A Study of Optical Burst Switched Networks with the Jumpstart Just In Time Signaling Protocol

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Title: A Study of Optical Burst Switched Networks with the Jumpstart Just In Time Signaling Protocol
Author: Teng, Jing
Advisors: Dr. Carla D. Savage, Committee Member
Dr. Khaled Harfoush, Committee Member
Dr. George N. Rouskas, Committee Chair
Dr. Rudra Dutta, Committee Member
Abstract: This thesis studies the optical burst switched (OBS) networks. It consists of three parts. In the first part, we present a detailed analysis of three major wavelength reservation schemes for OBS networks: JIT, JET, and Horizon. The contributions include: (i) analytical models of JET and Horizon (on a single OBS node) that are more accurate than previously published ones and valid for general burst length and offset length distributions; (ii) determination of the regions of parameter values, such as burst offset length, optical switching and hardware processing overheads, so that a more complex reservation scheme reduces to a simpler one; and (iii) a new reservation scheme, JIT+, which is as simple to implement as JIT, and its performance tracks that of Horizon and JET. We compare the performance (in terms of burst drop probability) of the four wavelength reservation schemes on a single OBS node, as well as on a path of OBS nodes with cross traffic, under various sets of parameter values. Our major finding is that, under reasonable assumptions regarding the current and future state-of-the-art technologies in optical switch and electronic hardware, the simplicity of JIT and JIT+ seems to outweigh any performance benefits of Horizon and JET. In the second part of this thesis, we present the results of a simulation analysis of OBS networks employing the Jumpstart JIT signaling protocol. We study the performance of various network topologies in terms of burst drop probability and investigate the effects of several system parameters, including message processing time, OXC configuration delay, user-to-switch propagation delay, and switch-to-switch propagation delay. We also investigate the effect of wavelength converters. In the third part, we develop a suite of adaptive and non-adaptive wavelength assignment policies for OBS networks. We also apply traffic engineering techniques to reduce wavelength contention through traffic isolation. Our performance study indicates that, in the absence of full conversion capabilities, intelligent choices in assigning wavelengths to bursts at the source can have a profound effect on the burst drop probability in an OBS network.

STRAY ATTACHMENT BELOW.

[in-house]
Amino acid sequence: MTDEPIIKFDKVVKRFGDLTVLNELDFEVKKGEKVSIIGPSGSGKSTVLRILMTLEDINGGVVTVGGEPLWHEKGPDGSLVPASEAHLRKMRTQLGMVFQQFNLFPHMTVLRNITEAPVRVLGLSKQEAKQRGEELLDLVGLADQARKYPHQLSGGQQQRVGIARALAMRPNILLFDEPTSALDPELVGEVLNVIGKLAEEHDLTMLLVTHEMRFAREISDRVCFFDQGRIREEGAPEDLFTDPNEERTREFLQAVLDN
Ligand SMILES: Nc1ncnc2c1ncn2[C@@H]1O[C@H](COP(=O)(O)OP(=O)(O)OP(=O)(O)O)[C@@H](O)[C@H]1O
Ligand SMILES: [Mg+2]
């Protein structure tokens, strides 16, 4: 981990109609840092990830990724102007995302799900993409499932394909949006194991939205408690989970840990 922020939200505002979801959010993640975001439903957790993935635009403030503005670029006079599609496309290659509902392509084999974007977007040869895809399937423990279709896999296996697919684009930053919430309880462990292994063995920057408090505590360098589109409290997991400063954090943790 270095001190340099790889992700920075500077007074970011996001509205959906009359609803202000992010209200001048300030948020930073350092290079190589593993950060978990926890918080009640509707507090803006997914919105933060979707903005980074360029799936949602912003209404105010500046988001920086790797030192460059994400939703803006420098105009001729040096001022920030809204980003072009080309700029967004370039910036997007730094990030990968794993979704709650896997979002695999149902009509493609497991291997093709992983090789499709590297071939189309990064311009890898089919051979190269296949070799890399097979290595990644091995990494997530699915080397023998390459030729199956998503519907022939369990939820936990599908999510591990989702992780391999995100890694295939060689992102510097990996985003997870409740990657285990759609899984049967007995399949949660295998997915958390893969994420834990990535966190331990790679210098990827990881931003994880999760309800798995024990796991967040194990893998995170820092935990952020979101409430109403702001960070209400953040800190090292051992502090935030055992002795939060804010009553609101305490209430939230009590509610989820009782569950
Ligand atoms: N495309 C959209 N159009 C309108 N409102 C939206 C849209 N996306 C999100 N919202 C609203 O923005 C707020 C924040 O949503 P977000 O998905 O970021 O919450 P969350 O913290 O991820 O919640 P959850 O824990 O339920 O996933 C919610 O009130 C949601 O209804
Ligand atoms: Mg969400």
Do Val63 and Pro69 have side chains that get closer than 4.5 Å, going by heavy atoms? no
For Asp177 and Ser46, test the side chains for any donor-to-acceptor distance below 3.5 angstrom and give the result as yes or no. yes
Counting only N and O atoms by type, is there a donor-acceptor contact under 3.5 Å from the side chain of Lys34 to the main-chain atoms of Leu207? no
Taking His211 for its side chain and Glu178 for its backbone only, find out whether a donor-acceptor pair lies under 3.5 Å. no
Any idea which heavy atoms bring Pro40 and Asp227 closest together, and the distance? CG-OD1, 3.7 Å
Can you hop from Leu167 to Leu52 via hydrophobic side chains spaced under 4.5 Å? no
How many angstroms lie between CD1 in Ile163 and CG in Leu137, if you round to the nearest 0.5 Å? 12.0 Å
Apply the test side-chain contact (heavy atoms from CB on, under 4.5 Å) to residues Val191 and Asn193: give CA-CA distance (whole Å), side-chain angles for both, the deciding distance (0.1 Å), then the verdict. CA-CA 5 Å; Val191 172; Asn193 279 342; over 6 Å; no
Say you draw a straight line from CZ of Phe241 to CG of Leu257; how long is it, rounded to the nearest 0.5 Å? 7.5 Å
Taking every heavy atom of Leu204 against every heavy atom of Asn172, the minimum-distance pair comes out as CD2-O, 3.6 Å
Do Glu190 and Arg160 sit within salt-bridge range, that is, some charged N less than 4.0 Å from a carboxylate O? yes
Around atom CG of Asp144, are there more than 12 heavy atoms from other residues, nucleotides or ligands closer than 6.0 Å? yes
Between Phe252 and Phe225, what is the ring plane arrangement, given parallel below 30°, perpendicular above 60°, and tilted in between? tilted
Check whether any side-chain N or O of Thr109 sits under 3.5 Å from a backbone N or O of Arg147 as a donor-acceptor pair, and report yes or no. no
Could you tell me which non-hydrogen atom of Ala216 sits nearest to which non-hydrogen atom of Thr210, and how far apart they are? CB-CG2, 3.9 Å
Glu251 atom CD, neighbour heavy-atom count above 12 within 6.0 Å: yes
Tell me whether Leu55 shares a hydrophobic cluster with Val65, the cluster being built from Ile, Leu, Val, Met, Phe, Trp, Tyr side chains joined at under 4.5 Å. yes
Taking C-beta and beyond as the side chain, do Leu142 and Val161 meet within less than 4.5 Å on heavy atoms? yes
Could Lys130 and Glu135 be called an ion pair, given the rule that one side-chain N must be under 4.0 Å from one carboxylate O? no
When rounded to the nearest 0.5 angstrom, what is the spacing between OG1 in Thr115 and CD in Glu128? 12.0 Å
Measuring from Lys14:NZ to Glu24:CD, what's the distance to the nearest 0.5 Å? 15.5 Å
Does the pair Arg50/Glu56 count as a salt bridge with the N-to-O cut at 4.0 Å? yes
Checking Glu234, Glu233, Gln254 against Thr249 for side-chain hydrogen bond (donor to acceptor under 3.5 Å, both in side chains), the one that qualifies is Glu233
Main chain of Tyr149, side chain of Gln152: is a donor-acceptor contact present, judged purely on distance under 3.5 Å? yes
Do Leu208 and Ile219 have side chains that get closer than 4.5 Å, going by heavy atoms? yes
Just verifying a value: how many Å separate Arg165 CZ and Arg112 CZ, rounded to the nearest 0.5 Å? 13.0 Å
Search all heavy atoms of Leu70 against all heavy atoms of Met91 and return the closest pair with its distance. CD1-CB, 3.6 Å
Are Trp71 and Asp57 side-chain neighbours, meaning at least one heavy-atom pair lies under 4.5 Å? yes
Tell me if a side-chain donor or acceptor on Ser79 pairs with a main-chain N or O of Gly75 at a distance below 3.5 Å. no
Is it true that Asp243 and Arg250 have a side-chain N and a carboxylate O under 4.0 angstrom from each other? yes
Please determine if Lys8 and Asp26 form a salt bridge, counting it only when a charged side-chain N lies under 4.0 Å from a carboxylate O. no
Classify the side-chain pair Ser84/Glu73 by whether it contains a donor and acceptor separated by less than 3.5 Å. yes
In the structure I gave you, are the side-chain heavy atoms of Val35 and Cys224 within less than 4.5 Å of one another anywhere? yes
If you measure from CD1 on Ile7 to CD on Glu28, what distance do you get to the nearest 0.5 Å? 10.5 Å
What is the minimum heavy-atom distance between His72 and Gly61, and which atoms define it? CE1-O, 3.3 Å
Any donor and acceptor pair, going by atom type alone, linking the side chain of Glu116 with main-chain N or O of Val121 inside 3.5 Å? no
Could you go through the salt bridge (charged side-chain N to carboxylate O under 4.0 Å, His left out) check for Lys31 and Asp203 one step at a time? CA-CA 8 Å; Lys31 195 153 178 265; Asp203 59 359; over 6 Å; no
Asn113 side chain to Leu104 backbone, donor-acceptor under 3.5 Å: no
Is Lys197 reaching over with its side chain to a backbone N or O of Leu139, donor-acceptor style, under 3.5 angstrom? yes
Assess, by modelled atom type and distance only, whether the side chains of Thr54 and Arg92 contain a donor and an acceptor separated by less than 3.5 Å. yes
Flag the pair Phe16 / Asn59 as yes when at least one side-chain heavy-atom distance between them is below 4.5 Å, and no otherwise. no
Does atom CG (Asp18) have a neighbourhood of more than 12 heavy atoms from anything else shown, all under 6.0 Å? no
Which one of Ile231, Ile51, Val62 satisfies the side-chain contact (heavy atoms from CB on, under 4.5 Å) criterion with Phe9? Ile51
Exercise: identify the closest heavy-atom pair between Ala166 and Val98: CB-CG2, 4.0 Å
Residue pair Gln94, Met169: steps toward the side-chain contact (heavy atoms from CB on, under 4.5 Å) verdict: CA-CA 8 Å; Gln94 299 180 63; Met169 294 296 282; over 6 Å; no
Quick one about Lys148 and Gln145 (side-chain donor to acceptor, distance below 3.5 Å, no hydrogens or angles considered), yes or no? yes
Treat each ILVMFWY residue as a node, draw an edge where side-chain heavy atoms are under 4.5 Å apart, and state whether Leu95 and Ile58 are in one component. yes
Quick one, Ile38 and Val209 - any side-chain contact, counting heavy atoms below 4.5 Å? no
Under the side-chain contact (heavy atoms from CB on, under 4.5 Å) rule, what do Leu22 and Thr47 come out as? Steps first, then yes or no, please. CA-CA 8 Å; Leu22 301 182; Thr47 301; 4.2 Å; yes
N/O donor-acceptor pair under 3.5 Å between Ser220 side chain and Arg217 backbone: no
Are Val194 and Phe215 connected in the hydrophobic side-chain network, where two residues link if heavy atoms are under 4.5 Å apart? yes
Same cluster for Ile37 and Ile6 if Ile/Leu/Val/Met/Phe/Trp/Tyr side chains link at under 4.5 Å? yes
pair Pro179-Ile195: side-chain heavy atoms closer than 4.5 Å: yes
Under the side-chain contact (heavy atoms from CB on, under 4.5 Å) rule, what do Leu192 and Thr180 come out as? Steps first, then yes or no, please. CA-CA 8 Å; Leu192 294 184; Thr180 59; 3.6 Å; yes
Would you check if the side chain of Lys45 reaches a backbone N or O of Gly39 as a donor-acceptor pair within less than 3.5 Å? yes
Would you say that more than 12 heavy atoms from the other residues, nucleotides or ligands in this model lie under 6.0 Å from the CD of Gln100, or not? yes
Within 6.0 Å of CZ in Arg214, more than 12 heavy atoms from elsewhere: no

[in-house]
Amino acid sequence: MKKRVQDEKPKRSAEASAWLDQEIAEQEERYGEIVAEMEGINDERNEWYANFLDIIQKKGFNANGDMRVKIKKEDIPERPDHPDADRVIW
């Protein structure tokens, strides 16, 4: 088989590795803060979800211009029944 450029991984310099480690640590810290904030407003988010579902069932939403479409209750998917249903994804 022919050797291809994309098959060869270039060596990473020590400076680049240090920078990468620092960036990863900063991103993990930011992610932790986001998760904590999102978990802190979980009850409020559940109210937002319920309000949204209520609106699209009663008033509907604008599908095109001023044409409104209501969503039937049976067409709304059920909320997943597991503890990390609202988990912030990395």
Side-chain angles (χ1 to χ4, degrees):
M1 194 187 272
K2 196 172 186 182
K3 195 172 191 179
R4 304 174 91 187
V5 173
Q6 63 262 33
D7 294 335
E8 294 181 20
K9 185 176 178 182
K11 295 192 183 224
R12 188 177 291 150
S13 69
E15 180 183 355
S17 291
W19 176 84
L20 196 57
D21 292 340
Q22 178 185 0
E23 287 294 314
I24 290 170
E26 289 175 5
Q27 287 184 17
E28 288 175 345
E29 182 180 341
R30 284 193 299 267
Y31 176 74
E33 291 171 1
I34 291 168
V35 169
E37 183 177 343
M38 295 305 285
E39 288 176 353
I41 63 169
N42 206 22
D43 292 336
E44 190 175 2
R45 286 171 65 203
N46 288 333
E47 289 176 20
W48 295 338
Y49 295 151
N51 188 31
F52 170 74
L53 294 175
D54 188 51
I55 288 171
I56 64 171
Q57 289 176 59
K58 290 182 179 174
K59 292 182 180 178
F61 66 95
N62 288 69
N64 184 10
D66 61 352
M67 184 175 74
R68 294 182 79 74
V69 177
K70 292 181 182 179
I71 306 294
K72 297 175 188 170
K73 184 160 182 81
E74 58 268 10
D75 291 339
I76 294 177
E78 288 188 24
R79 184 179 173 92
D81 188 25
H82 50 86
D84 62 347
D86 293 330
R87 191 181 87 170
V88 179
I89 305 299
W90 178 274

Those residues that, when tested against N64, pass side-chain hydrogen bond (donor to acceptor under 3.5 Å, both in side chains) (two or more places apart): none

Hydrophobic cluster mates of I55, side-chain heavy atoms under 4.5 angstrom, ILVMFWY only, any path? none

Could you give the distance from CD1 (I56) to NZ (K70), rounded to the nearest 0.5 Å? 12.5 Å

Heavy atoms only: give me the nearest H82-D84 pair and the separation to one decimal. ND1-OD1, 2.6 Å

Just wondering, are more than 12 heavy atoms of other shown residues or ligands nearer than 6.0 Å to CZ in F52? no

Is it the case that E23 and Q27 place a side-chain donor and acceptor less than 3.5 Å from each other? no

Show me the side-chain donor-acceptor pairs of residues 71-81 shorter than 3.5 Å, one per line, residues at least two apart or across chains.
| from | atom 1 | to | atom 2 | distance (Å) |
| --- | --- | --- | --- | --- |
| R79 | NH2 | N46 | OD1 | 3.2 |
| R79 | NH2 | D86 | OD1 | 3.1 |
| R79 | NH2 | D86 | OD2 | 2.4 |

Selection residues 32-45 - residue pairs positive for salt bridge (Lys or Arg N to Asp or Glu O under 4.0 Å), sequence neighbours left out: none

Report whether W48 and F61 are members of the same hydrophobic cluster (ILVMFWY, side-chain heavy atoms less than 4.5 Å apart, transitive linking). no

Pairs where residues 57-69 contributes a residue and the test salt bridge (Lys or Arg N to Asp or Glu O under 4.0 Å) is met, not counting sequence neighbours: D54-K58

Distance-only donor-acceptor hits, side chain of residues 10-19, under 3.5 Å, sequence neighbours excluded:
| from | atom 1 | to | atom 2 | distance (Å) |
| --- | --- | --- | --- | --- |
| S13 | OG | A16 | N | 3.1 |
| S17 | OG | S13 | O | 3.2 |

Date: 2004-07-07
Degree: PhD
Discipline: Computer Science
URI: http://www.lib.ncsu.edu/resolver/1840.16/3540


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